One of the drawbacks to owning a growing business is having more at stake. An expanding business is likely to be having dealings with an ever-increasing number of individuals, getting involved in a wider range of commercial activities, even expanding into new locations.
A growing business usually requires a growing workforce. With more equipment and larger premises come more expensive rent payments. In such circumstances, any revenue-disrupting interruption to its activities can soon escalate into a cashflow crisis.
In short, the cover that was sufficient when you were a sole trader or running a scrappy start-up isn’t likely to be adequate once you’re heading up a thriving enterprise. The end of the financial year is a great time to think about how your business has changed over the last 12 months and review your insurance policies.
“The cover that was sufficient when you were a sole trader or running a scrappy start-up isn’t likely to be adequate once you’re heading up a thriving enterprise”
Directors’ and officers’ insurance
A growing business will inevitably become more hierarchical and possibly move from a sole trader or partnership business structure to a company one. In any largish enterprise, there are individuals – executive directors, non-executive directors, executive officers and senior managers – who shoulder important responsibilities.
Understandably, these people don’t want to be placed in a position where they could suffer personal financial loss as a result of doing their job. By providing directors’ and officers’ insurance, a business owner can provide cover to key staff and board members. That means they can be reimbursed for their legal costs if competitors, creditors, employees, liquidators, regulators or shareholders take legal action against them.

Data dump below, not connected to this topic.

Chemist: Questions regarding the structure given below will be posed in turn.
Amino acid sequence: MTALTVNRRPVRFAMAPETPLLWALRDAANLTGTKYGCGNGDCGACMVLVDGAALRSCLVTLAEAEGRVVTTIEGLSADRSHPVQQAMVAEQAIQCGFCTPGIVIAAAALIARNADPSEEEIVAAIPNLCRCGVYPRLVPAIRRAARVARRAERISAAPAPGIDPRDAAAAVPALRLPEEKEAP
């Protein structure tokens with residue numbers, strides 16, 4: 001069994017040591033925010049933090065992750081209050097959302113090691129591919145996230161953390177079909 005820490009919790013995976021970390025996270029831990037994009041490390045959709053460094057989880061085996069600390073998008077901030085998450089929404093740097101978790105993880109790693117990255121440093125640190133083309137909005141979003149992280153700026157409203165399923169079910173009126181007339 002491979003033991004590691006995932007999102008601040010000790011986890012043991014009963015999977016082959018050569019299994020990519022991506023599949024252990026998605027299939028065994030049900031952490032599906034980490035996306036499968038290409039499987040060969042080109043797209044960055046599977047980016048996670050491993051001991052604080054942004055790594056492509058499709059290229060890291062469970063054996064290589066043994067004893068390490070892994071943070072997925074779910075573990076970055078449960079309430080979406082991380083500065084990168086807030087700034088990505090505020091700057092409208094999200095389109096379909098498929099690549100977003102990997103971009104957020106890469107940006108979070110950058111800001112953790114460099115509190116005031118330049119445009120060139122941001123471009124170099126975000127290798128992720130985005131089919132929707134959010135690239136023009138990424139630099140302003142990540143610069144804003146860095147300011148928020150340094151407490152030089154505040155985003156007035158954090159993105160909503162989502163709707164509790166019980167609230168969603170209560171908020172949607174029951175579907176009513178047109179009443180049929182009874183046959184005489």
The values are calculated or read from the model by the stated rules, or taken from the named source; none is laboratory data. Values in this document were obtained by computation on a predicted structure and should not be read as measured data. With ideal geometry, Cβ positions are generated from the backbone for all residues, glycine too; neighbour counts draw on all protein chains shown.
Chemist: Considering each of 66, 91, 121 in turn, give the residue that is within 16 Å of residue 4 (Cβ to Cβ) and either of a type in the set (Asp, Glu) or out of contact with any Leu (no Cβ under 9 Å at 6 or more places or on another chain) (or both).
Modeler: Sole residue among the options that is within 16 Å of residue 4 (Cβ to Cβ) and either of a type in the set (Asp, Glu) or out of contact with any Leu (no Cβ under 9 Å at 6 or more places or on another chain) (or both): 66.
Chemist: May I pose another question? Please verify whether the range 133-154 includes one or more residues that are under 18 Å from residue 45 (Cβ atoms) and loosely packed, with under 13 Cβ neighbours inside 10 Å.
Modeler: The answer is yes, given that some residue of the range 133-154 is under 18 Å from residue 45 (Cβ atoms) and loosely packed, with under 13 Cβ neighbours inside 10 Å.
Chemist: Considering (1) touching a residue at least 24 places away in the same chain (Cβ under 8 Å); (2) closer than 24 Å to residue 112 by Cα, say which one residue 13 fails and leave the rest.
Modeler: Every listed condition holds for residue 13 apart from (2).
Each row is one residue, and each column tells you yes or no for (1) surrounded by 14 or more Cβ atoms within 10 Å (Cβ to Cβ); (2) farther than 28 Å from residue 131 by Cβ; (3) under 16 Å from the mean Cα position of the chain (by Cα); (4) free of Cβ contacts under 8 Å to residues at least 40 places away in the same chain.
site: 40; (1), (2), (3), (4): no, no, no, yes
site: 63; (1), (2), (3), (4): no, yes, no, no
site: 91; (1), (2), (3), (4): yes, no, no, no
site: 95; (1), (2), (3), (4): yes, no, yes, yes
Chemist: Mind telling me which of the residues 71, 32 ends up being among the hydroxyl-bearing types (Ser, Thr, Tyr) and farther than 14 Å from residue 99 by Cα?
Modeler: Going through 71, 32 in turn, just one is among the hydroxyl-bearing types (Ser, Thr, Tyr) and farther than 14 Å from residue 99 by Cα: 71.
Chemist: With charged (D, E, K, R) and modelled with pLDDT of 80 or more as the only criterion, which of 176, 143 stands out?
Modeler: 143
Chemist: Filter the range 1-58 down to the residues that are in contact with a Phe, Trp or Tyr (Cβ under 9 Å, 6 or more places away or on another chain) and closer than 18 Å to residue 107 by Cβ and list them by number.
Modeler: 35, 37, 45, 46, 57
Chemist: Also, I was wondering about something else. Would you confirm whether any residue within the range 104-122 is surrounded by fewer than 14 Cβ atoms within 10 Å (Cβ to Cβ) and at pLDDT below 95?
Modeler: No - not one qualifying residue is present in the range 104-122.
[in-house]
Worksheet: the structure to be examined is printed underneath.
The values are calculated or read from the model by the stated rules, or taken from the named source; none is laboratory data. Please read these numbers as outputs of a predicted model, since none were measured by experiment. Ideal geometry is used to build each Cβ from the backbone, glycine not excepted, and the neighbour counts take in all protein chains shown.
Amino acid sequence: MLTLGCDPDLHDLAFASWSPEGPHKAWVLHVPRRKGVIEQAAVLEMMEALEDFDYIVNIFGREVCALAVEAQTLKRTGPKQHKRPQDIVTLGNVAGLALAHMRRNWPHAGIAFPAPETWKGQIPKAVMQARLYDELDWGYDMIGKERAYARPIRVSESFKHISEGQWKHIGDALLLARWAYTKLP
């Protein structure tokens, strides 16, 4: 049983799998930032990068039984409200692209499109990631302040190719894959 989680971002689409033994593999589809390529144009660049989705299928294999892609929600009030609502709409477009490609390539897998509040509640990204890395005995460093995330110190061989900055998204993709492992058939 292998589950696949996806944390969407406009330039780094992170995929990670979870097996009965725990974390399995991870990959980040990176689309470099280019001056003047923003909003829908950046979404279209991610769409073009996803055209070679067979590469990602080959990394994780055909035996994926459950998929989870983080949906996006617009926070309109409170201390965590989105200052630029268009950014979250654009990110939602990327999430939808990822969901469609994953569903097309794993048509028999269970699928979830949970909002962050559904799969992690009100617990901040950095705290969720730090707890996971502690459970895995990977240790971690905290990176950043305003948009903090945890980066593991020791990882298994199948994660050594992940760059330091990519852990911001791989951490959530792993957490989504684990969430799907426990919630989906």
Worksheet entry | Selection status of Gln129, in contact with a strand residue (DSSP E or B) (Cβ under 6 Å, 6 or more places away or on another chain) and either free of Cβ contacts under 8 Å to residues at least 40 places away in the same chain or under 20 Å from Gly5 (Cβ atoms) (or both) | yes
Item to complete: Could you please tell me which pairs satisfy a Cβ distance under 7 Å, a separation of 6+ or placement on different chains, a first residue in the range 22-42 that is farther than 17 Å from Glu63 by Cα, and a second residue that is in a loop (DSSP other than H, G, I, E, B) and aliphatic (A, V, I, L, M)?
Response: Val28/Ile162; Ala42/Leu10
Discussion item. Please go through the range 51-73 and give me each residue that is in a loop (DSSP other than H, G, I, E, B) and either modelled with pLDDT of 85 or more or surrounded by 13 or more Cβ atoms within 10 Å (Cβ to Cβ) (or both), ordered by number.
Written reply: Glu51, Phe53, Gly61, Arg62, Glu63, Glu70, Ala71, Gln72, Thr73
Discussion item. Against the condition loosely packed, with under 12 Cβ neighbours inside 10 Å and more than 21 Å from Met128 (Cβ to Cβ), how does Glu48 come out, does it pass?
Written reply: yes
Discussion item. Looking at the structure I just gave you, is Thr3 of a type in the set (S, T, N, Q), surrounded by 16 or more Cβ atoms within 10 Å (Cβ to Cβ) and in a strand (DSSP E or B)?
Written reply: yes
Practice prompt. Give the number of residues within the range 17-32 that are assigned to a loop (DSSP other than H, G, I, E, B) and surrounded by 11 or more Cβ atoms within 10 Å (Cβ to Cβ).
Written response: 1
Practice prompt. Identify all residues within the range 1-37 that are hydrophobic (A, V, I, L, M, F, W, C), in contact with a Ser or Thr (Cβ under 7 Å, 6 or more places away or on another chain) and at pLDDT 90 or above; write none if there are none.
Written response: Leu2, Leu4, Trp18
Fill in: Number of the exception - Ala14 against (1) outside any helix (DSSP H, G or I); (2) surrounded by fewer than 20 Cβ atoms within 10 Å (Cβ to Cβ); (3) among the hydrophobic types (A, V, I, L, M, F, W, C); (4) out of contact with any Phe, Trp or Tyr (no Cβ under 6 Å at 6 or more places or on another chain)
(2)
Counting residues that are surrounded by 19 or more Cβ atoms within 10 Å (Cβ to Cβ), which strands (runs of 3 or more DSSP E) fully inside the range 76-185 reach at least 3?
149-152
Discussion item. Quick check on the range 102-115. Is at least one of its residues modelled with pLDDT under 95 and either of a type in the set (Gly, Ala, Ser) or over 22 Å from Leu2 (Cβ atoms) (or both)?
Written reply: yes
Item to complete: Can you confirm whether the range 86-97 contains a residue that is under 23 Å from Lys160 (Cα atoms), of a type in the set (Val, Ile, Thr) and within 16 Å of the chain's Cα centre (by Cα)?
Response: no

Business interruption insurance
The more your business grows, the larger its fixed costs are likely to be and the more expensive an interruption to its smooth functioning will become. A suburban café may only be out of pocket a few hundred dollars if a blackout means it has to shut down for the afternoon. In contrast, it’s estimated Starbucks’ recent decision to close its US stores for an afternoon (to provide racial-bias training to staff) cost around US$12 million (NZ$17.5 million).
If an unfortunate event means you need to shut up shop, your revenue will typically be severely impacted during the shutdown period. Nonetheless, you’ll probably continue to face the usual wage, rent and other business costs. Business interruption insurance can provide a pay-out to cover you for those costs, as well as make up for lost sales.
In the digital age, an IT issue can be as devastating as any fire, flood or storm. The two threats businesses, especially smaller ones with limited IT budgets, most need to worry about are ransomware attacks and data theft.
A ransomware attack results in a business’ files being encrypted. Important data is rendered inaccessible, which can make it difficult or impossible for a business to keep operating – until a ransom is paid to return things to normal. It’s estimated that, globally, ransomware inflicted US$5 billion (NZ$7.25 billion) of damage in 2017.
Governments in New Zealand and elsewhere are tightening privacy regulations and stiffening financial penalties for data breaches. If a malicious actor overcomes your cyber security and captures your customers’ personal data, the consequences can be more serious than brand damage. You could find yourself being investigated by the government regulator and being sued by your customers. As explained more fully here, cyber insurance can help cover financial losses arising from a cyber security breach.
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